On Friday, Fitch Ratings announced a downgrade of Tunisia’s rating, in light of the uncertainty related to the country’s ability to raise sufficient financing to meet its financial needs. The agency expects the country’s gross domestic product growth to slow to 1.4 percent in 2023 from 2.4 percent in 2022.
Fitch Ratings agency revised Friday’s credit rating Tunisia To CCC- from CCC+ due to suspected sovereign debt default by the authorities.
The agency said this reflects the postponement of a $1.9 billion financial rescue package provided by the International Monetary Fund after talks between the two sides stalled.
Central bank data this week revealed that Tunisia’s foreign exchange reserves fell to 21 billion dinars ($6.78 billion), enough to cover imports for only 91 days, compared to 123 days in the same period a year ago.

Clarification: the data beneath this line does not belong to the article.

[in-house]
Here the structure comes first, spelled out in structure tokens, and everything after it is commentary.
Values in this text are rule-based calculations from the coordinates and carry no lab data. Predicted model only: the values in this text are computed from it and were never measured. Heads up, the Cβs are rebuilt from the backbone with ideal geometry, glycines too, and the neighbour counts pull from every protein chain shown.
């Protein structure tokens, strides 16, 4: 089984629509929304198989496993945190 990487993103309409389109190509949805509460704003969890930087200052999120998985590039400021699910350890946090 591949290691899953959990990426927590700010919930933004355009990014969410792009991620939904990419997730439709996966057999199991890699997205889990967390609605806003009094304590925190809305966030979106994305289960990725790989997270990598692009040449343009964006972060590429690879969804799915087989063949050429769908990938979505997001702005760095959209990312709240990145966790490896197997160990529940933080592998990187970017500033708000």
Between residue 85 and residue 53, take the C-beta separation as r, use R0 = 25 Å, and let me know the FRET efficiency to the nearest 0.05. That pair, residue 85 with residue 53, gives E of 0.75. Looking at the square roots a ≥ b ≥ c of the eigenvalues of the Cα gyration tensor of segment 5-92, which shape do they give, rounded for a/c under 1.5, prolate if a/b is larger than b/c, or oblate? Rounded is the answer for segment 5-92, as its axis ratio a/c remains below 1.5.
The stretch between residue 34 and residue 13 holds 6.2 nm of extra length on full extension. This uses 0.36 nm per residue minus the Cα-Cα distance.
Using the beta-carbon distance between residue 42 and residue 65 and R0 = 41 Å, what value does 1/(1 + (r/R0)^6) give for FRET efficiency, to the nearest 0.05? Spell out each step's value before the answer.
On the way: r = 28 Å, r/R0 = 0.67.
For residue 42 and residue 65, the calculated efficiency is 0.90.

“Our baseline scenario is that an agreement between Tunisia and the International Monetary Fund (IMF) will be reached by the end of the year, but this is a much later date than previously expected and risks remain high,” Fitch said in a statement.
But in the absence of an agreement with the International Monetary Fund, Fitch believes that Tunisia could obtain external financing worth $ 2.5 billion in 2023, mostly from Algeria and the African Export-Import Bank (Afrixim Bank), project loans from multilateral partners, and increase grants from bilateral partners.
Fitch said it expects gross domestic product growth to slow to 1.4% in 2023 from 2.4% in 2022.